Employees recognition might be seen as a positive for some companies.
On the other hand, some companies have serious concerns and doubts about it. However, these are due to the misconceptions regarding the employee recognition.
In this blog post, we are going to highlight the seven most common misconceptions about employee recognition.
So, let’s get started!
1- Executives Fear Employees Recognition is Expensive
Executives may feel that employee recognition will be prohibitively expensive for their business.
However, this is not true; while incentive schemes demand a significant and sometimes substantial financial investment, employee recognition does not.
Not only is employee recognition free to give, but it also has a lasting effect, as opposed to providing as a one-time incentive for employees.
According to the Incentive Research Foundation’s Trends study, non-monetary recognition, such as management appreciation, is more effective than the three most popular financial incentives: cash bonuses, base salary increases, and stock options.
2- Some Employees Feel Employee Recognition is for Top-performers Only
Employee recognition is not only for high-performing personnel; it is available to all.
Indeed, the majority of employees desire acknowledgment for their achievements to feel valued consistently.
According to a survey performed by the University of Southern California, the London Business School, and PwC, more than 40% of millennials anticipate recognition for their work at least once a month or more.
It may sound high, but is just 10% more than the average for all generations.
Indeed, a failure to recognise errors promptly can have a detrimental influence on the company.
For instance, Gallup research found that “workers who do not feel sufficiently recognised are twice as likely to resign in the next year.”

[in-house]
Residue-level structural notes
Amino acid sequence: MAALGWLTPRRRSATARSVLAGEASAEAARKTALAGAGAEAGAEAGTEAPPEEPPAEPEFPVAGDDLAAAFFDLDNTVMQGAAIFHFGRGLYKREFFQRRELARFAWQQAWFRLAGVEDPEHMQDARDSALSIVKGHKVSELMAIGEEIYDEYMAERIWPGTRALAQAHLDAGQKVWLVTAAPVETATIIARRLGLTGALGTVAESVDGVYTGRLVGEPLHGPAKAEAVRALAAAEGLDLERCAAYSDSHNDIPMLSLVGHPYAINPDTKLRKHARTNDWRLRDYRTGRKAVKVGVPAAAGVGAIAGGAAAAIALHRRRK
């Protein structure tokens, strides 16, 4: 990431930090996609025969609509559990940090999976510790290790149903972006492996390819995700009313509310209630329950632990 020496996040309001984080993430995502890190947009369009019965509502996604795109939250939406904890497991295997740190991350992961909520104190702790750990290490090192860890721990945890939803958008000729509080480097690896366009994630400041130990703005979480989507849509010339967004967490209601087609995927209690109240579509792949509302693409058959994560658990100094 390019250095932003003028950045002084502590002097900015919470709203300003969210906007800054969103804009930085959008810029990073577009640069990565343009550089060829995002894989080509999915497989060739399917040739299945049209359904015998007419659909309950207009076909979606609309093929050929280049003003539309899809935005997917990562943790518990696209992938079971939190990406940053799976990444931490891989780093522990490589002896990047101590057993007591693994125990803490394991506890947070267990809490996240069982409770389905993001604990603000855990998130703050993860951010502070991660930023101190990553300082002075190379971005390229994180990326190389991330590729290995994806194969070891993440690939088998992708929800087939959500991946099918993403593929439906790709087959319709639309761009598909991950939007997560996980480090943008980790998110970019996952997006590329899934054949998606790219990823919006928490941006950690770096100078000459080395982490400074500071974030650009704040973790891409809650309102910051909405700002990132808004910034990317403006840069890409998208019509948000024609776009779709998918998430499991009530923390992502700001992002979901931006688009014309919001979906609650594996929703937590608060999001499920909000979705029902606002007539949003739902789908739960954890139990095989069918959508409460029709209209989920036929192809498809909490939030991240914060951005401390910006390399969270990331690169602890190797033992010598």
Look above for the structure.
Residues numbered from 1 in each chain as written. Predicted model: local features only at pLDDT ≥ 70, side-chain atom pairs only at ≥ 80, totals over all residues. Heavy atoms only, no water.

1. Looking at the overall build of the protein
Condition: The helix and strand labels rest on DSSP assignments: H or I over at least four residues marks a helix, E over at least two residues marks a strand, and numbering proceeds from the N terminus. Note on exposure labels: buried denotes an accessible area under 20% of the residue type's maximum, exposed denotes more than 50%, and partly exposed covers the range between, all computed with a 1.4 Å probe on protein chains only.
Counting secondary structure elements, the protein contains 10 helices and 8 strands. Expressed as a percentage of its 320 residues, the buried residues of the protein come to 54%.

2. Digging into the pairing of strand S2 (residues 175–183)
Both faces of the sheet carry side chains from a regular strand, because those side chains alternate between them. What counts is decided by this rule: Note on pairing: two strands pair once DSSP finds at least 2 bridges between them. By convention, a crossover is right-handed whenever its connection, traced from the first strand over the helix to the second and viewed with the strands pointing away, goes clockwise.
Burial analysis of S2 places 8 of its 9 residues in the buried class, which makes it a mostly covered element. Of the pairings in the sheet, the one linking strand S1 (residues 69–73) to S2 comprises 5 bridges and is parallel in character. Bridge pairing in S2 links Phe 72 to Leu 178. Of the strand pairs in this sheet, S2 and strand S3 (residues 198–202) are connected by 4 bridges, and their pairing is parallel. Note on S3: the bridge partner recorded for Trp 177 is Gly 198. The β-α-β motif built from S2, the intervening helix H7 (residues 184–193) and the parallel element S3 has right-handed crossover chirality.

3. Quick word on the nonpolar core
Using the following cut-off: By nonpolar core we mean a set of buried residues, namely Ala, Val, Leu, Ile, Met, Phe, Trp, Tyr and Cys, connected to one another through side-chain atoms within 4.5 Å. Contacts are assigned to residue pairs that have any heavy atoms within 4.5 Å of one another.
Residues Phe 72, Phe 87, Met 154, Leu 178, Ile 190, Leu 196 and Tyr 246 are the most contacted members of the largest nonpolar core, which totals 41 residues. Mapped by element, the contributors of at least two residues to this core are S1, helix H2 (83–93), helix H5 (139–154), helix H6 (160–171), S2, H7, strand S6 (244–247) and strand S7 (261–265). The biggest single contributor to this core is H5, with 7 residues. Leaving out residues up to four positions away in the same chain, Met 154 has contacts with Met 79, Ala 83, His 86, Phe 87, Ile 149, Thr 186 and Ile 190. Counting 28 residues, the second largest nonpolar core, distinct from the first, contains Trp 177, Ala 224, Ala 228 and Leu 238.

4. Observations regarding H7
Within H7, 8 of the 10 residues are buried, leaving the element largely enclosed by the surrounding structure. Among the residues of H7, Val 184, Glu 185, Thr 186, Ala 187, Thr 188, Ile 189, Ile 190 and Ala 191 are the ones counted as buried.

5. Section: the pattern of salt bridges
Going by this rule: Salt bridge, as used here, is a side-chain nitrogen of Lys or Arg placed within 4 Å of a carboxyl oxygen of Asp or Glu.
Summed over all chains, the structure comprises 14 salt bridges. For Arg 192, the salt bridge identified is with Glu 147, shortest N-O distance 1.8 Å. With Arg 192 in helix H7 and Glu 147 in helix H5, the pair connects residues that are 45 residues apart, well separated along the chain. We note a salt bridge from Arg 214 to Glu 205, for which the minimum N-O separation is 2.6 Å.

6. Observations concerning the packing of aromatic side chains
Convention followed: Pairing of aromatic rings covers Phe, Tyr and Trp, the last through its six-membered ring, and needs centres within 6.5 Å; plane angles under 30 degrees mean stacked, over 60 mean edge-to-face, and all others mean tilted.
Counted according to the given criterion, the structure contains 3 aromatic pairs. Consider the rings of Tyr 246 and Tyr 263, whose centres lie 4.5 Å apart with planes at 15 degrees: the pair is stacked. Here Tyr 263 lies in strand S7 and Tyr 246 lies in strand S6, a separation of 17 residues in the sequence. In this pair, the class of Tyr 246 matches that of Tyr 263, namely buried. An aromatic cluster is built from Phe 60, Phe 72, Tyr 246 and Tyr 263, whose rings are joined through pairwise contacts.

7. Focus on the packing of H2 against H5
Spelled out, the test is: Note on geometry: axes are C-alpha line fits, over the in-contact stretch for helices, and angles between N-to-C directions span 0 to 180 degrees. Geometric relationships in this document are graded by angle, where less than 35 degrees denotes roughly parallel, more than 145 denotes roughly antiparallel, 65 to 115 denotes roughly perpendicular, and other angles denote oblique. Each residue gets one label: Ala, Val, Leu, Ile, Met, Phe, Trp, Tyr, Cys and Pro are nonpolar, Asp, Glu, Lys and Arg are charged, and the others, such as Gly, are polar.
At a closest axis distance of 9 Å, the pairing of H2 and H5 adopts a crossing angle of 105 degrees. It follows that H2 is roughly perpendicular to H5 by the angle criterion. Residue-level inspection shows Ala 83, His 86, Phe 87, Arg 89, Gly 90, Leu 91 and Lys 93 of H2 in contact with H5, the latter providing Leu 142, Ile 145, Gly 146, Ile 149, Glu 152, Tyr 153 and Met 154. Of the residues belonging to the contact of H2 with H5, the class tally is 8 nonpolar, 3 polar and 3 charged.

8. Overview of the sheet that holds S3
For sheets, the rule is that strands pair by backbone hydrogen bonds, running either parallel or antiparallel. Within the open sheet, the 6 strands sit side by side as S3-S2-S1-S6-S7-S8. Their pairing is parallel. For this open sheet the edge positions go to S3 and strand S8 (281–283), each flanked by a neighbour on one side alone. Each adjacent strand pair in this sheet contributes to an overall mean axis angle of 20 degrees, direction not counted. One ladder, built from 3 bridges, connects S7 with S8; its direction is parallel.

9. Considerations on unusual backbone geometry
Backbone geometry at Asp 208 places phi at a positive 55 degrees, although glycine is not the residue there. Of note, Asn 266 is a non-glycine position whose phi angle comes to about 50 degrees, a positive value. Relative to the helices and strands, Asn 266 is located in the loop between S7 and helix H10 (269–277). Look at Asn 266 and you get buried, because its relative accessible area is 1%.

Some managers and executives feel that employees should simply be glad that they have a job and a paycheck.
However, if you want to motivate and engage your employees, you’ll have to put in a little more effort.
People who merely receive a paycheck may become disengaged to the point where they lack the incentive to go above and beyond their everyday responsibilities.
Employees are happiest at work when they are shown gratitude for their efforts, according to a Boston Consulting Group study.
It’s not their connections with coworkers, amenities, or compensation that make them happy.
The decisions to approach employee recognition and its tools take some time.
However,the system requires very little time and effort to operate after a strategy has been designed and implemented.
More significantly, investing in employee recognition pays off in the long run. 40 percent of employed Americans indicated they would put more energy into their work if they were recognised more often, according to a recent survey commissioned by OGO (O Great One!).
Employee Recognition is for both new and long-serving employees. Employees of all generations, levels, and departments value recognition.
One of the most significant findings from the TINYpulse Best Industry Ranking survey was that 75% of employees in the least happy industries do not feel sufficiently appreciated for their efforts.
Moreover, you are not required to restrict who receives recognition and who does not.
Indeed, the ideal course of action is to enable everyone to recognize one another. This feature should be incorporated into any recognition program you deploy.
By incorporating peer-to-peer recognition into your employees’ daily life, you can foster an environment of appreciation, collaboration, and shared values.
Many (reasons have been made in favor of eliminating “Employee of the Month” and service anniversary awards, two of the most conventional forms of employee recognition.
However, employee recognition isn’t outdated —it’s just the approach you apply.
Nonetheless, if this is the case, you should try updating your program.
Many people believe that only from the top down can you receive recognition.
Despite people’s concerns, it is perfectly acceptable for employees to recognize their superiors.
Everyone should be able to spread recognition, especially non-monetary recognition. If only supervisors see how their employees benefit the community, it doesn’t create a strong community. Instead, it reinforces divisions.
Moreover, when it comes to corporate culture, you do not want to prevent employees from recognizing one another or their superiors.
The Bottom Line
The conclusion is that saying “thank you” will never be out of fashion.
And, at its most basic level, that is what employees recognition is all about: expressing your gratitude and appreciation for someone’s contributions and, ultimately, brightening someone’s day.
So, these misconceptions are mere rumors.